A pleasant, if somewhat derivative, time-travel adventure for early readers.



Twins travel back to Coney Island in 1928 in this chapter book and series opener.

Nine-year-old twins Emma and Simon are excited about their sleepover at their grandmother’s New York City apartment. They request her help with a school project about their family history. She tells them the story of how her parents met on a trolley returning from Coney Island, when Jessie threw peanut shells on Jack’s lap to get him to notice her. To illuminate the tale, she shows the twins a snow globe depicting the Cyclone roller coaster on Coney Island. Watching the snow swirl, Emma and Simon are transported back to June 1928, shortly after the opening of the Cyclone. They immediately see three young women who appear to be Jessie and her two sisters. The twins follow them, quickly determining that they are indeed the children’s great-grandmother and great-great aunts. Curious to witness the meeting of Jack and Jessie on the trolley, Simon and Emma quickly realize that their intervention is essential to guarantee the encounter. Once they ensure their great-grandparents’ meeting takes place as their grandmother described, the two return to her apartment and their next adventure is suggested. Although the concept is strongly reminiscent of Mary Pope Osborne’s Magic Tree House series, the use of a snow globe as the magical feature is singular and the plot is far simpler in this tale, aimed at readers ages 6 to 9. Educator and attorney Stoller (co-author: The Parent-Child Book Club, 2009) does not use the time-travel aspect to impart historical information. The characters and setting are the heart of the enjoyable story. Metler-Smith’s (Swensons, Penick, and the TCR, 2016) black-and-white images are attractive, although the lack of color is puzzling. (Neither the narrative nor illustrations address diversity.) The book includes discussion questions, a recipe for apple crisp (integral to the story), and a craft project, all of which enhance the tale. There is also a photograph of the real-life Jessie and Jack, on whom the book is based.

A pleasant, if somewhat derivative, time-travel adventure for early readers.

Pub Date: Aug. 4, 2017

ISBN: 978-1-946101-23-5

Page Count: 102

Publisher: Spork

Review Posted Online: April 17, 2018

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The phrase “tour de force” could have been invented for this audacious novel.

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Four men who meet as college roommates move to New York and spend the next three decades gaining renown in their professions—as an architect, painter, actor and lawyer—and struggling with demons in their intertwined personal lives.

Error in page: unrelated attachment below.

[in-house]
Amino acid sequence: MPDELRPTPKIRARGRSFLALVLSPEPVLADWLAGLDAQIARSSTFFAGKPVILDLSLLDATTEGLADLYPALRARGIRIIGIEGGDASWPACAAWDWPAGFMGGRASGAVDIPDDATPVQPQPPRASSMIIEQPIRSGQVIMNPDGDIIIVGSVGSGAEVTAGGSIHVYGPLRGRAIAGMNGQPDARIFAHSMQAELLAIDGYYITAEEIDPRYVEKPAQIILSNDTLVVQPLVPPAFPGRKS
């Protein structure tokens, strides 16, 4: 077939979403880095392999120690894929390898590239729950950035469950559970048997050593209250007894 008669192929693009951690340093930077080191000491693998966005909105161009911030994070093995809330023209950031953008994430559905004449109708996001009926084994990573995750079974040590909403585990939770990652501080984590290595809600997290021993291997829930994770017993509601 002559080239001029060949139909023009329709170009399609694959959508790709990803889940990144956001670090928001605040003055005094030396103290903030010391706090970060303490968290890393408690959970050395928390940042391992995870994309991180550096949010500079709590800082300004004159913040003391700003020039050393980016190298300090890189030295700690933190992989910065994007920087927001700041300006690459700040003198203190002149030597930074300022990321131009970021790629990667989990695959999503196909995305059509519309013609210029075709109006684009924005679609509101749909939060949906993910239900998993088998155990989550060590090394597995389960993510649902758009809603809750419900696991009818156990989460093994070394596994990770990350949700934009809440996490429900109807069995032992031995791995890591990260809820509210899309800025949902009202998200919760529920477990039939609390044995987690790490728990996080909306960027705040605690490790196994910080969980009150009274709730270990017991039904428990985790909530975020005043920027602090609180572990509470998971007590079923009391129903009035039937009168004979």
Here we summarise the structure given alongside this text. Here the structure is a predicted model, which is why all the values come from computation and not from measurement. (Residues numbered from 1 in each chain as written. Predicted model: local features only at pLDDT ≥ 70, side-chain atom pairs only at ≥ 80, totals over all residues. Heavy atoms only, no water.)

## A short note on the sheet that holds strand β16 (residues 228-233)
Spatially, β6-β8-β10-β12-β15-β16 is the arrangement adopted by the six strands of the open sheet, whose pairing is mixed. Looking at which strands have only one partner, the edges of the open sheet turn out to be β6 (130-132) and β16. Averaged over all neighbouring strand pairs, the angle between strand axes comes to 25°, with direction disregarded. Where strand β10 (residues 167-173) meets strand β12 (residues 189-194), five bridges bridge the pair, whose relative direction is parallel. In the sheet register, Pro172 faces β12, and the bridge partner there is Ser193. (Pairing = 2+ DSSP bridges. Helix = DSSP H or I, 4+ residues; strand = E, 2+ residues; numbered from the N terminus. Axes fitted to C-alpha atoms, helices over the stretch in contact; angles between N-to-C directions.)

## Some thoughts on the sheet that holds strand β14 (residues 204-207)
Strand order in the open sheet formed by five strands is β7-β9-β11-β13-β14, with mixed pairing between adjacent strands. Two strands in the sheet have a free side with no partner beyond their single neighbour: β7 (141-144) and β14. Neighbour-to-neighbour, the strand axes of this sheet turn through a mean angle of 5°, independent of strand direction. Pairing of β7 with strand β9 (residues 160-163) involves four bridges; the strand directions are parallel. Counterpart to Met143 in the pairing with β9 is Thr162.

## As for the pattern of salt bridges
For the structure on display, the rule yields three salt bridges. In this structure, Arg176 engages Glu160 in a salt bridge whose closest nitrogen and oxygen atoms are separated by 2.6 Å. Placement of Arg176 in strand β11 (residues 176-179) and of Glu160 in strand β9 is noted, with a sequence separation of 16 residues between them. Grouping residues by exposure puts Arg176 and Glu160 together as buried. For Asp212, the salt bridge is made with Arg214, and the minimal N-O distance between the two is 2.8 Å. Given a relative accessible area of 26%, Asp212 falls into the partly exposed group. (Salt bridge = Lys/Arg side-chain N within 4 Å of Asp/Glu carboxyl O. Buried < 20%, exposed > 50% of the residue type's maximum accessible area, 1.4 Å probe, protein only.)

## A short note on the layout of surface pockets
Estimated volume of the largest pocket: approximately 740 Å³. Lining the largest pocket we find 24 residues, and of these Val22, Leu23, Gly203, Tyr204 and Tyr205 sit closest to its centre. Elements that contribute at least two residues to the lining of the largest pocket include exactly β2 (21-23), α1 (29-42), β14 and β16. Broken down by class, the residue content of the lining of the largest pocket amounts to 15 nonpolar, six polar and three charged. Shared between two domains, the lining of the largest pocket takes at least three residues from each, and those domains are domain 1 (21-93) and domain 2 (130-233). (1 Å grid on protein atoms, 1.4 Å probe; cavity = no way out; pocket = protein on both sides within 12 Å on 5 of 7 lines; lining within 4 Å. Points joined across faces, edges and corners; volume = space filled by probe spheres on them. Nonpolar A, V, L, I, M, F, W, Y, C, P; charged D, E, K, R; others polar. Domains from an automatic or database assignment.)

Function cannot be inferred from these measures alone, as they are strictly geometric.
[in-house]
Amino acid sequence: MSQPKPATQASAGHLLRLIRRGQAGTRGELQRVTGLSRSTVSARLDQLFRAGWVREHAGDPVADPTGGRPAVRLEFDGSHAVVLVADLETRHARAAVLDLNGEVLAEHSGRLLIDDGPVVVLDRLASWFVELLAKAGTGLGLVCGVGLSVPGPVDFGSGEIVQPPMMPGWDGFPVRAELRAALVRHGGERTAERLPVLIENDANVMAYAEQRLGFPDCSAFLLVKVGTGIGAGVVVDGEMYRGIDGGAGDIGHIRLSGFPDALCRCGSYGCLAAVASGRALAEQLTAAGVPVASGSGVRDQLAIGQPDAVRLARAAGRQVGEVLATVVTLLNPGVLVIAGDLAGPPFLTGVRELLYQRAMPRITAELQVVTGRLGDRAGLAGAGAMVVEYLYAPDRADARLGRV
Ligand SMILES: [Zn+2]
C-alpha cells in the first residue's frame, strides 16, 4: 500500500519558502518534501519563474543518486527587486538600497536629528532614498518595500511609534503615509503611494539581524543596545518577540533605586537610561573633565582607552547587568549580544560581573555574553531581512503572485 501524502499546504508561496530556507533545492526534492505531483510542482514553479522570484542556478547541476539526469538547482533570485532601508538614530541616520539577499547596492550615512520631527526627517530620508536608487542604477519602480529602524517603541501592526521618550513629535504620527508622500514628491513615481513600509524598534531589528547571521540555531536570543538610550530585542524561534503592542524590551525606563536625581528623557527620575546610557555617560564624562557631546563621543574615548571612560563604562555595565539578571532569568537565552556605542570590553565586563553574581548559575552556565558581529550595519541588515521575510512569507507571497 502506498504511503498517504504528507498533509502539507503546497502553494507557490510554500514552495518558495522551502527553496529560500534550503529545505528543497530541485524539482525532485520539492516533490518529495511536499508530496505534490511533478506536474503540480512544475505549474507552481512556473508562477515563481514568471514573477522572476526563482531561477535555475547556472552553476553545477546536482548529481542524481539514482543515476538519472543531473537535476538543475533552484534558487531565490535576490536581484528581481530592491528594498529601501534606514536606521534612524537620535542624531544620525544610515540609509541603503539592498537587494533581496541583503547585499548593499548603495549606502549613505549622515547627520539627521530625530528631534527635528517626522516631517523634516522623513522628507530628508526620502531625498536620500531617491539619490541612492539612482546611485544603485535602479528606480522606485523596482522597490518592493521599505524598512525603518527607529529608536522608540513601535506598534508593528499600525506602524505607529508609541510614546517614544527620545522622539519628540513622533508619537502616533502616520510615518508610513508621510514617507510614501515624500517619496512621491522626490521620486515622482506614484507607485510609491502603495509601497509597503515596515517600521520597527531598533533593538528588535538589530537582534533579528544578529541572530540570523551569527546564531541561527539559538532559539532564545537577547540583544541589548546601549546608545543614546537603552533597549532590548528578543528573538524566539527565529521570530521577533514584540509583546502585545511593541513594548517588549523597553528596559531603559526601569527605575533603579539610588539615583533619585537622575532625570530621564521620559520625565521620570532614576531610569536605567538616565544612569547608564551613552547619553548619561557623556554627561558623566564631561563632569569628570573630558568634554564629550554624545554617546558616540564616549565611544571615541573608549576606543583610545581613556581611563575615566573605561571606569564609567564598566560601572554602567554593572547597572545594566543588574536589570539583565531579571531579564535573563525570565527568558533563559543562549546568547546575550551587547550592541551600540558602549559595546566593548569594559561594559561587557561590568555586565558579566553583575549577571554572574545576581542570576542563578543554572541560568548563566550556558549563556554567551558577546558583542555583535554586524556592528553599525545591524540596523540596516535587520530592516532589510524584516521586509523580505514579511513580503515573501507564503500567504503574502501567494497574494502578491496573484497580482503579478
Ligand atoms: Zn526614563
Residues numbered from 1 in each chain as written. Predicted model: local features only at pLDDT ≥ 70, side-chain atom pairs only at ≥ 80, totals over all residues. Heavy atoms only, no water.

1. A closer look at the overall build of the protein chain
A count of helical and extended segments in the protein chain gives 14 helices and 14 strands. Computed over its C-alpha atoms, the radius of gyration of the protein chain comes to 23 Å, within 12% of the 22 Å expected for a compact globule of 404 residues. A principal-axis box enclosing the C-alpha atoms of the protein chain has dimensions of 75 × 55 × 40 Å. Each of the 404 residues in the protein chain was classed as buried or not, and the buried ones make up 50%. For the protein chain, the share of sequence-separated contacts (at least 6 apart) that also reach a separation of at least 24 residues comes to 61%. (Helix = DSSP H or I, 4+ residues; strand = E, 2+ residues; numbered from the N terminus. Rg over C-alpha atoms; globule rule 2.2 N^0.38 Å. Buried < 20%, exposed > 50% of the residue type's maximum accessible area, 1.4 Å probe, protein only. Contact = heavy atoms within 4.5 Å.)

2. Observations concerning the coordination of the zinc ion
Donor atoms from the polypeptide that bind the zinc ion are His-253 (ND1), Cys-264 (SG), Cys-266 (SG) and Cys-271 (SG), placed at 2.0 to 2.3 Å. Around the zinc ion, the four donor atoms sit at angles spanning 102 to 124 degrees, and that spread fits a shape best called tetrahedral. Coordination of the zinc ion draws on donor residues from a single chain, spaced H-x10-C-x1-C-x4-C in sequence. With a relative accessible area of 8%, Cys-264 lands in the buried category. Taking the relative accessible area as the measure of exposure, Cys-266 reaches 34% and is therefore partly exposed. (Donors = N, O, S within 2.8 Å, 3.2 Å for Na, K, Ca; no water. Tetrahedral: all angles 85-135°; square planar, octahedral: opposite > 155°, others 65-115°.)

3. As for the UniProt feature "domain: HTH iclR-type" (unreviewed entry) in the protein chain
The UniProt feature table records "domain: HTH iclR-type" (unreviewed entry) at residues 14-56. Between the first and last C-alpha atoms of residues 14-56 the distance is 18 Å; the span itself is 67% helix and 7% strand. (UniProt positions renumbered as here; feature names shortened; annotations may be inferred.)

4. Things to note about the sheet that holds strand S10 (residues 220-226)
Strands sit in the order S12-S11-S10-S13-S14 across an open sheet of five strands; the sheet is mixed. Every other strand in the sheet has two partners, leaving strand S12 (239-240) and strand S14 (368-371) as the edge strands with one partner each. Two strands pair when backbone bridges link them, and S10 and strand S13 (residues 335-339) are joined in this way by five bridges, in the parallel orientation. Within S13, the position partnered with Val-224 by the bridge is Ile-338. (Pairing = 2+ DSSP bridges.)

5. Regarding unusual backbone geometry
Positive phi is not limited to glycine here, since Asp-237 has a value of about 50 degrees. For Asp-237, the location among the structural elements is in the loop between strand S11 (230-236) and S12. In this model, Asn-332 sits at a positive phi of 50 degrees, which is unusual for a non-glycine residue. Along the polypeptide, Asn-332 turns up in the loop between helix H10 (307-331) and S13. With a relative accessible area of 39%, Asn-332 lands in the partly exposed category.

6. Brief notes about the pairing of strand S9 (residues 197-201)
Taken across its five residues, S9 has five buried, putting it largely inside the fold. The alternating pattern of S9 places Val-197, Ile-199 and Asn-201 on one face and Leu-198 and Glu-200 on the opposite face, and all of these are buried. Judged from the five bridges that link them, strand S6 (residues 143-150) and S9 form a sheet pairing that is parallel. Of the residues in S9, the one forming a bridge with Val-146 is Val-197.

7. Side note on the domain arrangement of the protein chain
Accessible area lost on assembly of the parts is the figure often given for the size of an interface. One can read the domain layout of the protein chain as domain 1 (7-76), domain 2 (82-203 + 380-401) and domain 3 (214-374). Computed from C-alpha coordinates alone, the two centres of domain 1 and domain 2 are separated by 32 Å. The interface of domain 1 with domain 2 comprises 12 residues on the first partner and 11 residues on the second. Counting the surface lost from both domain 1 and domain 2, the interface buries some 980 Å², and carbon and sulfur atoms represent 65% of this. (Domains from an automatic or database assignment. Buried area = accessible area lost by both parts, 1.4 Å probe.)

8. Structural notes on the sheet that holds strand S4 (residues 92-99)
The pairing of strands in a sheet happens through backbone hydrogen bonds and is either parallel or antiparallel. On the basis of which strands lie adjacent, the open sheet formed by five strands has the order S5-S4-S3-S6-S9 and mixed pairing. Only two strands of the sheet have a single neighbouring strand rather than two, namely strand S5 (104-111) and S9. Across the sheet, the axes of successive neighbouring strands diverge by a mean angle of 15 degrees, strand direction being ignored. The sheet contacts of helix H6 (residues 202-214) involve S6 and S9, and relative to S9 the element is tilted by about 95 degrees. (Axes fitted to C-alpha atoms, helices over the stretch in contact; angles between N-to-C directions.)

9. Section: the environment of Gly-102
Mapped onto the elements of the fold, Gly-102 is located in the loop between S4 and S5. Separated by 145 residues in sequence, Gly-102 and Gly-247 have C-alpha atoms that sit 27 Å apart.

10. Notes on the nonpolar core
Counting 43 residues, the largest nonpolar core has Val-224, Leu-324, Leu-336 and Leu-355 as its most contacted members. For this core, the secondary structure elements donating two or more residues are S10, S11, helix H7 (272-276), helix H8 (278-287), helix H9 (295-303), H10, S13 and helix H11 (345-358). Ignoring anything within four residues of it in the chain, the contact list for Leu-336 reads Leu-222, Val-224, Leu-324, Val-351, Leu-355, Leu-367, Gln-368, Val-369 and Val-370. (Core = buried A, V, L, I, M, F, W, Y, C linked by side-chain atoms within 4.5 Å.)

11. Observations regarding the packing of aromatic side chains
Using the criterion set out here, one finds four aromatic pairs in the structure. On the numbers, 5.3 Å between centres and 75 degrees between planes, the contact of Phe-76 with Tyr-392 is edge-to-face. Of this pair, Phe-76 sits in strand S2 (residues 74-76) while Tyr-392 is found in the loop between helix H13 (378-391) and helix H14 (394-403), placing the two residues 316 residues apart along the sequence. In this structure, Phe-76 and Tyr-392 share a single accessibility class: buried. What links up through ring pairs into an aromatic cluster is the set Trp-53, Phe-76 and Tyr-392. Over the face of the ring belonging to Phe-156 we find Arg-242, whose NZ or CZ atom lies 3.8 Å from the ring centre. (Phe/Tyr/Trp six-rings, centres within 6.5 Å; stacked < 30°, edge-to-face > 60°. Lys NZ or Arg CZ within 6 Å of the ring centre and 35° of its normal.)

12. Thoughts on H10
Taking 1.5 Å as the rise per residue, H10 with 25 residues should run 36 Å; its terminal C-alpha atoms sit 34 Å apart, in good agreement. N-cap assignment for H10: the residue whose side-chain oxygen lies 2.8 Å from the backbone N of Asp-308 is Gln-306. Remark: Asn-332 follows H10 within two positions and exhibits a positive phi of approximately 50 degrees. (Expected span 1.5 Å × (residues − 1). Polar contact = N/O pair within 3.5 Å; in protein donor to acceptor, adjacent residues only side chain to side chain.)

Yanagihara (The People in the Trees, 2013) takes the still-bold leap of writing about characters who don’t share her background; in addition to being male, JB is African-American, Malcolm has a black father and white mother, Willem is white, and “Jude’s race was undetermined”—deserted at birth, he was raised in a monastery and had an unspeakably traumatic childhood that’s revealed slowly over the course of the book. Two of them are gay, one straight and one bisexual. There isn’t a single significant female character, and for a long novel, there isn’t much plot. There aren’t even many markers of what’s happening in the outside world; Jude moves to a loft in SoHo as a young man, but we don’t see the neighborhood change from gritty artists’ enclave to glitzy tourist destination. What we get instead is an intensely interior look at the friends’ psyches and relationships, and it’s utterly enthralling. The four men think about work and creativity and success and failure; they cook for each other, compete with each other and jostle for each other’s affection. JB bases his entire artistic career on painting portraits of his friends, while Malcolm takes care of them by designing their apartments and houses. When Jude, as an adult, is adopted by his favorite Harvard law professor, his friends join him for Thanksgiving in Cambridge every year. And when Willem becomes a movie star, they all bask in his glow. Eventually, the tone darkens and the story narrows to focus on Jude as the pain of his past cuts deep into his carefully constructed life.  

The phrase “tour de force” could have been invented for this audacious novel.

Pub Date: March 10, 2015

ISBN: 978-0-385-53925-8

Page Count: 720

Publisher: Doubleday

Review Posted Online: Dec. 22, 2014

Kirkus Reviews Issue: Jan. 1, 2015

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More about grief and tragedy than romance.


Five friends meet on their first day of kindergarten at the exclusive Atwood School and remain lifelong friends through tragedy and triumph.

When Gabby, Billy, Izzie, Andy and Sean meet in the toy kitchen of the kindergarten classroom on their first day of school, no one can know how strong the group’s friendship will remain. Despite their different personalities and interests, the five grow up together and become even closer as they come into their own talents and life paths. But tragedy will strike and strike again. Family troubles, abusive parents, drugs, alcohol, stress, grief and even random bad luck will put pressure on each of them individually and as a group. Known for her emotional romances, Steel makes a bit of a departure with this effort that follows a group of friends through young adulthood. But even as one tragedy after another befalls the friends, the impact of the events is blunted by a distant narrative style that lacks emotional intensity. 

More about grief and tragedy than romance.

Pub Date: July 24, 2012

ISBN: 978-0-385-34321-3

Page Count: 322

Publisher: Delacorte

Review Posted Online: Nov. 14, 2012

Kirkus Reviews Issue: Dec. 1, 2012

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